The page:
Robotic systems continue to evolve, slowly penetrating many areas of our lives, from manufacturing, medicine and remote exploration to entertainment, security and personal assistance. Developers in Japan are currently building robots to assist the elderly, while NASA develops the next generation of space explorers, and artists are exploring new avenues of entertainment. Collected here are a handful of images of our recent robotic past, and perhaps a glimpse into the near future.
The “free” in Free Software refers to “freedom”, rather than cost. It is largely a happy coincidence that Free Software is available gratis.
Today, Google unveiled the Google Font Directory and the Google Font API to help bring dynamic and selective typefaces to the web. The issues surrounding fonts and the web are complicated and can be tricky to navigate. Google is hoping to make it easier for developers to integrate more distinctive typefaces into their designs.
U.S. antitrust enforcers are taking a keen interest in recent changes that Apple Inc. made to its licensing agreement with iPhone application developers and are likely to open a preliminary investigation into whether the company's actions stifle competition in mobile devices, according to people familiar with the situation. The Federal Trade Commission and the Justice Department, which are jointly tasked with enforcing federal antitrust laws, are holding discussions over which agency would hold the inquiry, these people said. Apple, the FTC and Justice Department all declined to comment.
The State and Future of Twitter was revealed to the world at the Chirp Conference. Developers, futurists, reporters, investors, stakeholders, and businesses convened at the Palace of Fine Arts in San Francisco, making the journey from all over the world to witness history in the making.
Recently, there has been a lot of buzz on the Internet about two similar events. What happened was basically this; The Masters of the Universe had proclaimed their decrees like dictators and the only thing the rest of the world could do was, for a lack of a better phrase, gnash their teeth in frustration. If businesses are going to bet on creating solutions on platforms they do not own, they have to realize that this a huge business risk. When the platform owners change the rules of the game, everything pretty much goes down the drain and we will have likely no control or say over this decision.
As 2009 draws to a close, with Twitter undoubtedly this year's media darling and Facebook continuing on its path to global domination, you may wonder which social-media service will become tech's poster boy in 2010. Among the Web's early adopter set, the answer is nearly unanimous: Foursquare. While the technology landscape is ever-changing, I'd argue that Foursquare already has aligned itself to become next year's mainstream hit.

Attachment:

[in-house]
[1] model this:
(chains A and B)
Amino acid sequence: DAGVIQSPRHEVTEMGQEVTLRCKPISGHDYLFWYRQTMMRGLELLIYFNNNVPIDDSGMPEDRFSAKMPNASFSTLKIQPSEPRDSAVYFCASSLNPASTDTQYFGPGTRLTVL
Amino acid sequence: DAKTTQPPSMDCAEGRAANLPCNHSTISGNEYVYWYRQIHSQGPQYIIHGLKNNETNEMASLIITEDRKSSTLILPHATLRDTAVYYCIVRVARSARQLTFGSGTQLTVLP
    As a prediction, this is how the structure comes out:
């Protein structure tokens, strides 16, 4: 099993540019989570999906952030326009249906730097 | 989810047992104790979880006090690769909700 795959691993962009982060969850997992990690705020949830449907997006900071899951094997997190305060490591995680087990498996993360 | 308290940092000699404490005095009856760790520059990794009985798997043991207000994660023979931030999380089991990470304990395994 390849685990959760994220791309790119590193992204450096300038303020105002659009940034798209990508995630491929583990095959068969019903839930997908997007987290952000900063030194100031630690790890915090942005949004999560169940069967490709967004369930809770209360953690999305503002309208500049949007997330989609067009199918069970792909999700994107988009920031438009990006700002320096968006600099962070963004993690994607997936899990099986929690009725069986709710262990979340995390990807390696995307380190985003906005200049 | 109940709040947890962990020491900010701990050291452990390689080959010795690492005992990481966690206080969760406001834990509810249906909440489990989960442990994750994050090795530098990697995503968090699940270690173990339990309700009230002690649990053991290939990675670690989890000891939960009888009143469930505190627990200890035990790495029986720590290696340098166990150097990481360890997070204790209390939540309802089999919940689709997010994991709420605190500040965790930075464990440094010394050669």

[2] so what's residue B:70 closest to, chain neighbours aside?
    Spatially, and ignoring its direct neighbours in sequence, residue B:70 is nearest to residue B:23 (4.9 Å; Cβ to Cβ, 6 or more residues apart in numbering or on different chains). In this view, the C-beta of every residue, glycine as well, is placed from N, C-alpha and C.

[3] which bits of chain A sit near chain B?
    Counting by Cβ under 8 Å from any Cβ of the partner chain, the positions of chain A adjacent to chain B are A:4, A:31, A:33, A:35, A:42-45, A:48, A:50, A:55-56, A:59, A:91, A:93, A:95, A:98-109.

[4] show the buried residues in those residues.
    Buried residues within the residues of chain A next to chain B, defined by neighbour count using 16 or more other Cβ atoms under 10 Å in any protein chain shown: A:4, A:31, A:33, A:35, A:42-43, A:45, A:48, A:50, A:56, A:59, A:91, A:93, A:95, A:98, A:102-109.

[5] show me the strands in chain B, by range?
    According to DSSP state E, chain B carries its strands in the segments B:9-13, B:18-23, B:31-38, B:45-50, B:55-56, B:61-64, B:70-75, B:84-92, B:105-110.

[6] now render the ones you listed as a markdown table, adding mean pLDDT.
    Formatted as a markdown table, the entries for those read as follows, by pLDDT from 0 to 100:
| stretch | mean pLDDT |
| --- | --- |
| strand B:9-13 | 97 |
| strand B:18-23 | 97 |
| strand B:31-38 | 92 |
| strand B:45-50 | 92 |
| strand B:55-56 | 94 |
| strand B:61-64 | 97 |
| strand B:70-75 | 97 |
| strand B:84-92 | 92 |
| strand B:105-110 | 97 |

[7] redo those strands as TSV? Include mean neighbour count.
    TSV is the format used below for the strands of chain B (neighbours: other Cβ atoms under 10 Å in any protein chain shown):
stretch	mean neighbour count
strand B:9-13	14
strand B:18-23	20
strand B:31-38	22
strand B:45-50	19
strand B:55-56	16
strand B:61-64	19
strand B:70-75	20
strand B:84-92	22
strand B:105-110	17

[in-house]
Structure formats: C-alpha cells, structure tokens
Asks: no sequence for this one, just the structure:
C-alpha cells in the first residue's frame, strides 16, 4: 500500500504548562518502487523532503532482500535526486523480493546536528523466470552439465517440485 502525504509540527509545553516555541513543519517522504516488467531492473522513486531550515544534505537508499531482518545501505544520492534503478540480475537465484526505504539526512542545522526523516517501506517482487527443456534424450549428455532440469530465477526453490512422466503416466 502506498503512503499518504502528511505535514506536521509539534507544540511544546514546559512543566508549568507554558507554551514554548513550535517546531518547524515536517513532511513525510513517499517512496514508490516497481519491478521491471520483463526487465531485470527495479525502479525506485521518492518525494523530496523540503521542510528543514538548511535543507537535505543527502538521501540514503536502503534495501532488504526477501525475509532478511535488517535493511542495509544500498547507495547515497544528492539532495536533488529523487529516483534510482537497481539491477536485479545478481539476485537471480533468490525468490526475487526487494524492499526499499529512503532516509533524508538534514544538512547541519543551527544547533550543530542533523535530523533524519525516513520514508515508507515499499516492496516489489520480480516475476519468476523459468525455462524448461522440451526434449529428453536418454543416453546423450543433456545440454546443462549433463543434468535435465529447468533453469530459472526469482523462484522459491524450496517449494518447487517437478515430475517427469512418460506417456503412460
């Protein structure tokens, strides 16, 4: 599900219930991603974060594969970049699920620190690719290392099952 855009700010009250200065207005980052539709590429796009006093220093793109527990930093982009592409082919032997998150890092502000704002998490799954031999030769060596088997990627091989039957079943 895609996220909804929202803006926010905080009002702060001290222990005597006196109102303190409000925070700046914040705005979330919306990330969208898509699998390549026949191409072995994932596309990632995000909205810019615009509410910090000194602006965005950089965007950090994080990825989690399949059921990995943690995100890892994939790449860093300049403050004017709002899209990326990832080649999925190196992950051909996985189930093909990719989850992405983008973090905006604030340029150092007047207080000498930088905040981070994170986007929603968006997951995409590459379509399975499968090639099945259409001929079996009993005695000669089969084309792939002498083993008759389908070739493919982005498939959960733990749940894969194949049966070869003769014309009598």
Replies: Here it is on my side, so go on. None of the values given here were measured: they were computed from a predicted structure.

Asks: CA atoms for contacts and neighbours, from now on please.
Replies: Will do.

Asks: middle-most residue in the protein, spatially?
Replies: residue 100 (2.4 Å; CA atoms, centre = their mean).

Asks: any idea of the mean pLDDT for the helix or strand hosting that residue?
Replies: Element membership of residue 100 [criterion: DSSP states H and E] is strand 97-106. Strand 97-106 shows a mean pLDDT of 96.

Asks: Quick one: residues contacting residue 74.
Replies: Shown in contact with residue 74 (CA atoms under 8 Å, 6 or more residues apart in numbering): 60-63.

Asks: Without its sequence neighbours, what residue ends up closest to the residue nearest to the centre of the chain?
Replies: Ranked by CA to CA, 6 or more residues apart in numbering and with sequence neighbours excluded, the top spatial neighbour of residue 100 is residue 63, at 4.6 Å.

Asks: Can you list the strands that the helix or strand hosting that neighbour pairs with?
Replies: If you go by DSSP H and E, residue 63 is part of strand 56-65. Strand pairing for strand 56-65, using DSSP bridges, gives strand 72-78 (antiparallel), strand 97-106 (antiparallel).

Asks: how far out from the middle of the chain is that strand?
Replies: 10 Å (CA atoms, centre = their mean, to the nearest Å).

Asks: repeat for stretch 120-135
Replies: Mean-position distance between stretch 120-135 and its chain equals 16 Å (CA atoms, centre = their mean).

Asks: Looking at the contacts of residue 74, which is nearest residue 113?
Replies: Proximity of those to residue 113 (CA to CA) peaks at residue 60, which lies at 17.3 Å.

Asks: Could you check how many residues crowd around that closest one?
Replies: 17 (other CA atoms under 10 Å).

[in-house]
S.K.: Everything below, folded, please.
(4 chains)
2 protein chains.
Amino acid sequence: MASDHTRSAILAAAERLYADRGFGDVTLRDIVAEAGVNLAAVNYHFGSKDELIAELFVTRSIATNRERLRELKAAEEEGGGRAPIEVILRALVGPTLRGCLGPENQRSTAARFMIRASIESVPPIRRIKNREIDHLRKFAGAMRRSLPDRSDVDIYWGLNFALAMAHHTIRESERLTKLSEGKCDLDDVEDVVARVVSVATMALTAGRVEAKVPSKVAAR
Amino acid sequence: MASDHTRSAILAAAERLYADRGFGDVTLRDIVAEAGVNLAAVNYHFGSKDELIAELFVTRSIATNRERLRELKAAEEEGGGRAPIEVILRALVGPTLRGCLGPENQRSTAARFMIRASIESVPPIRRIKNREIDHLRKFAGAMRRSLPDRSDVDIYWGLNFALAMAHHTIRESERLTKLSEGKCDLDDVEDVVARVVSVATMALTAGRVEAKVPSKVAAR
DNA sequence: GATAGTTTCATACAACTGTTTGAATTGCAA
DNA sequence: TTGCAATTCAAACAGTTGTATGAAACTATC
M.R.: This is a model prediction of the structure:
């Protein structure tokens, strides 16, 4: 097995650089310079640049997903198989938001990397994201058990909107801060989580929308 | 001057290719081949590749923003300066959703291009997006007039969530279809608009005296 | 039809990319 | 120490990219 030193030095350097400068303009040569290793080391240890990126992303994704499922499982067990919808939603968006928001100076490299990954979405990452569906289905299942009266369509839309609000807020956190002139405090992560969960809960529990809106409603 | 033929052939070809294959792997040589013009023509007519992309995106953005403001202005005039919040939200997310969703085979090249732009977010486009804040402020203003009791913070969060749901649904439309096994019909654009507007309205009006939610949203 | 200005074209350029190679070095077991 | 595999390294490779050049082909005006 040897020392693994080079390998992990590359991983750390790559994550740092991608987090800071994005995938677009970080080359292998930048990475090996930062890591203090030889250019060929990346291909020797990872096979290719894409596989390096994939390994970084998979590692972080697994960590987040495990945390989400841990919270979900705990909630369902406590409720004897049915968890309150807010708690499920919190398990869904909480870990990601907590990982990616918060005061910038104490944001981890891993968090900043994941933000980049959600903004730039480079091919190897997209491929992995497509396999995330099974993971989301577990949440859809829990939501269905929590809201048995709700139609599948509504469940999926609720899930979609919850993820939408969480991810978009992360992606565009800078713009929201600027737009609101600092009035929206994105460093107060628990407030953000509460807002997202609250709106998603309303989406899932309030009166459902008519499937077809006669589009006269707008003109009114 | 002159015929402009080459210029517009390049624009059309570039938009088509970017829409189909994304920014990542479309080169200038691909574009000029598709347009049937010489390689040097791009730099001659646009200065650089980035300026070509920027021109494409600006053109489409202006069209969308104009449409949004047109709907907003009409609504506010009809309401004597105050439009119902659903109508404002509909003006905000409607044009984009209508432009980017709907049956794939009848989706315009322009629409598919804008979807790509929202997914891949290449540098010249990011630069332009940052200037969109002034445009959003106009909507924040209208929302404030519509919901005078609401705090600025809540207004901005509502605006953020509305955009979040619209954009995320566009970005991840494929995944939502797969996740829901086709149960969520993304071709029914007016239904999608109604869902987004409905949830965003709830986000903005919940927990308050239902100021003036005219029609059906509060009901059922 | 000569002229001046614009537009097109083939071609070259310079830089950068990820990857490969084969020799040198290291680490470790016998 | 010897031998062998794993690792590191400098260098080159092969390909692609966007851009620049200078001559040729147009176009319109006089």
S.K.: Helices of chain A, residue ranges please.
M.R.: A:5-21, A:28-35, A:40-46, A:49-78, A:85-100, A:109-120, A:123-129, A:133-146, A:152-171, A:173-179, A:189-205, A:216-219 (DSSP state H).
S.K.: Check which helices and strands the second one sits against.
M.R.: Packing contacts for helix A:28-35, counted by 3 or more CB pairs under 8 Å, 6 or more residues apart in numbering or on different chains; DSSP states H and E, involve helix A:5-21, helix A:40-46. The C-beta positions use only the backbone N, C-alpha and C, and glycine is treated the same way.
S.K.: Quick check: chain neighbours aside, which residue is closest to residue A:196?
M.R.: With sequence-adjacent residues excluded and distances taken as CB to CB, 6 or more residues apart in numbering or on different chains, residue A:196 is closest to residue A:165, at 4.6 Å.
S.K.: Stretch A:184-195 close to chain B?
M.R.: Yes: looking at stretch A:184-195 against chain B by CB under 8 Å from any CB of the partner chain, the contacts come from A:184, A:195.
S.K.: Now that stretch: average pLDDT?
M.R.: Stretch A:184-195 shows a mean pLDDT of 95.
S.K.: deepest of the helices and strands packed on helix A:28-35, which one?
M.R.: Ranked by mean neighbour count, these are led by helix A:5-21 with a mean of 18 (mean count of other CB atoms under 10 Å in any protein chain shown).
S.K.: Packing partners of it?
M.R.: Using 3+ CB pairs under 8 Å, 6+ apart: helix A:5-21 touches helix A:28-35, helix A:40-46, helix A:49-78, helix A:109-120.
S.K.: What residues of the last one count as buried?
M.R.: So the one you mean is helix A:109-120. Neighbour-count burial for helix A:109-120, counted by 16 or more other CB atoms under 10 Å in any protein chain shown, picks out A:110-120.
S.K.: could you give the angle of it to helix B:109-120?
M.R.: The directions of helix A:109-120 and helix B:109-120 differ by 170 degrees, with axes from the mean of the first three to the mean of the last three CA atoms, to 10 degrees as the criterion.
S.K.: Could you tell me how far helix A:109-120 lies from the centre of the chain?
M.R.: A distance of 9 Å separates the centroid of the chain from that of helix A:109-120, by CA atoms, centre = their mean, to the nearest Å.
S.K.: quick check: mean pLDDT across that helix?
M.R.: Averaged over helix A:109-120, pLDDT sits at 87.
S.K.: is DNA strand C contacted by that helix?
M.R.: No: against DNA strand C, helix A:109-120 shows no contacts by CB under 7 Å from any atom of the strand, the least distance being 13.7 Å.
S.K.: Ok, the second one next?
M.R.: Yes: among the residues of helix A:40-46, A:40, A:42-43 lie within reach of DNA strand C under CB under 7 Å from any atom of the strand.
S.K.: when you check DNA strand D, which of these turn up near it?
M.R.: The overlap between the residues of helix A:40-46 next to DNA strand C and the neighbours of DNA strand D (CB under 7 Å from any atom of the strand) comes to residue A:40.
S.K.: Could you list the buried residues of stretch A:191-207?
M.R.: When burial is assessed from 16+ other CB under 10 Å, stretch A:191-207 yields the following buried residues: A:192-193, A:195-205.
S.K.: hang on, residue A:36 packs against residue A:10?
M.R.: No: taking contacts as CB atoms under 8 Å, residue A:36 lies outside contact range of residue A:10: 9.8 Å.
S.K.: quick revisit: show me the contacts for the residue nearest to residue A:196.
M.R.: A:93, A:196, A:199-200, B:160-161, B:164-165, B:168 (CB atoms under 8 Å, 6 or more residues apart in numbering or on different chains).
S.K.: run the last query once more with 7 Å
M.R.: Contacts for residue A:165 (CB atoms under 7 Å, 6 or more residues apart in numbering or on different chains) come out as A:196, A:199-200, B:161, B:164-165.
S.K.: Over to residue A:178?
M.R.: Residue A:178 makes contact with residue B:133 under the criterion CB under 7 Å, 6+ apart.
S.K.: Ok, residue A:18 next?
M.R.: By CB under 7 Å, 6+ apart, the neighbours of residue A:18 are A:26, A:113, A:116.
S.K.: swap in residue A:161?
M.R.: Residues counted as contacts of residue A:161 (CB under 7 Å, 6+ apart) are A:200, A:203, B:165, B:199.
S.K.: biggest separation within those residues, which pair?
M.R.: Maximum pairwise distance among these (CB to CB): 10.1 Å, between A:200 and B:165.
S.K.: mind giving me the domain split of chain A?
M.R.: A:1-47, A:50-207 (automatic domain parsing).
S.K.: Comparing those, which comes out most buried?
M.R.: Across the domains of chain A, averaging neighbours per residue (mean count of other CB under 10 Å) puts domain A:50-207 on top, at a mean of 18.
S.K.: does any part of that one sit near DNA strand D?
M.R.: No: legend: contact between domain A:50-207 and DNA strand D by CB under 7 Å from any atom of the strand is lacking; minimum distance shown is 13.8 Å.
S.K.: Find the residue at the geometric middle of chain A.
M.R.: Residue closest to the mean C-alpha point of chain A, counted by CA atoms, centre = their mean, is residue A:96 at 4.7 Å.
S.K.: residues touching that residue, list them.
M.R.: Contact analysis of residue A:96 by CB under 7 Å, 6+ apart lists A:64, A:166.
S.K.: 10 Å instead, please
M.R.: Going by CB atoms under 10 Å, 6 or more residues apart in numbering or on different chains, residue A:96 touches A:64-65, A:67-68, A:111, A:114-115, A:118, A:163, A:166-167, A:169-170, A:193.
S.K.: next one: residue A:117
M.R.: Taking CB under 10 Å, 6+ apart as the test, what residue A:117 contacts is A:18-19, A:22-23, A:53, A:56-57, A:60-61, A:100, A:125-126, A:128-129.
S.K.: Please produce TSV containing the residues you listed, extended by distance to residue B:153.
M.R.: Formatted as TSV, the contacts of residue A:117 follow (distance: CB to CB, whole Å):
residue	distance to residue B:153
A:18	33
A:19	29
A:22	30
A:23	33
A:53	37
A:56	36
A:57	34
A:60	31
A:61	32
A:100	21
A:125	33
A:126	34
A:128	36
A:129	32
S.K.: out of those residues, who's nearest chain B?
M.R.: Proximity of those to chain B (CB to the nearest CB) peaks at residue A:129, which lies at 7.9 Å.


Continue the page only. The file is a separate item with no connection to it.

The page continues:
It could be that everyone will figure out how to play nicely with each other, and we'll see a continuation of the interoperable web model we've enjoyed for the past two decades. But I'm betting that things are going to get ugly. We're heading into a war for control of the web. And in the end, it's more than that, it's a war against the web as an interoperable platform. Instead, we're facing the prospect of Facebook as the platform, Apple as the platform, Google as the platform, Amazon as the platform, where big companies slug it out until one is king of the hill. And it's time for developers to take a stand. If you don't want a repeat of the PC era, place your bets now on open systems. Don't wait till it's too late.
It's uncanny. When known software gets repackaged for iPhones and iPod Touches and passes through the hallowed gates of the App Store, something happens: Almost invariably, it gets cheaper. Waaay cheaper. Good right? Well, not always. The App Store is a strange new place for developers. Veterans and newcomers engage in bareknuckle combat, driving prices down to levels people wouldn't have imagined charging just a few years ago. Margins drop to razor-thin levels while customers expect apps to get cheaper and cheaper, but with ever increasing quality and depth. For developers, for other software platforms and potentially for the increasingly fickle customers themselves, it's uncharted, and treacherous, territory. But the most bizarre thing of all is—in an effort to keep people in the App Store, and to prevent competitors from getting a toehold in the mobile app business—Apple's charting a course straight into it.
Media brands are jumping onto the iPhone. USA Today? There’s an app for that. “The Rachel Maddow Show”? “Entertainment Tonight”? Public radio? Yes, yes and yes, there are apps for those. Now, if only there were an app that showed media companies how to make money on the iPhone.
Application developers have a new piece of real estate to strive for on Facebook, which on Wednesday unveiled its new Application Directory that showcases apps that have passed through the social networking site’s verification process.
The weekend's big news at South by Southwest: Facebook has launched Facebook Connect for iPhone apps.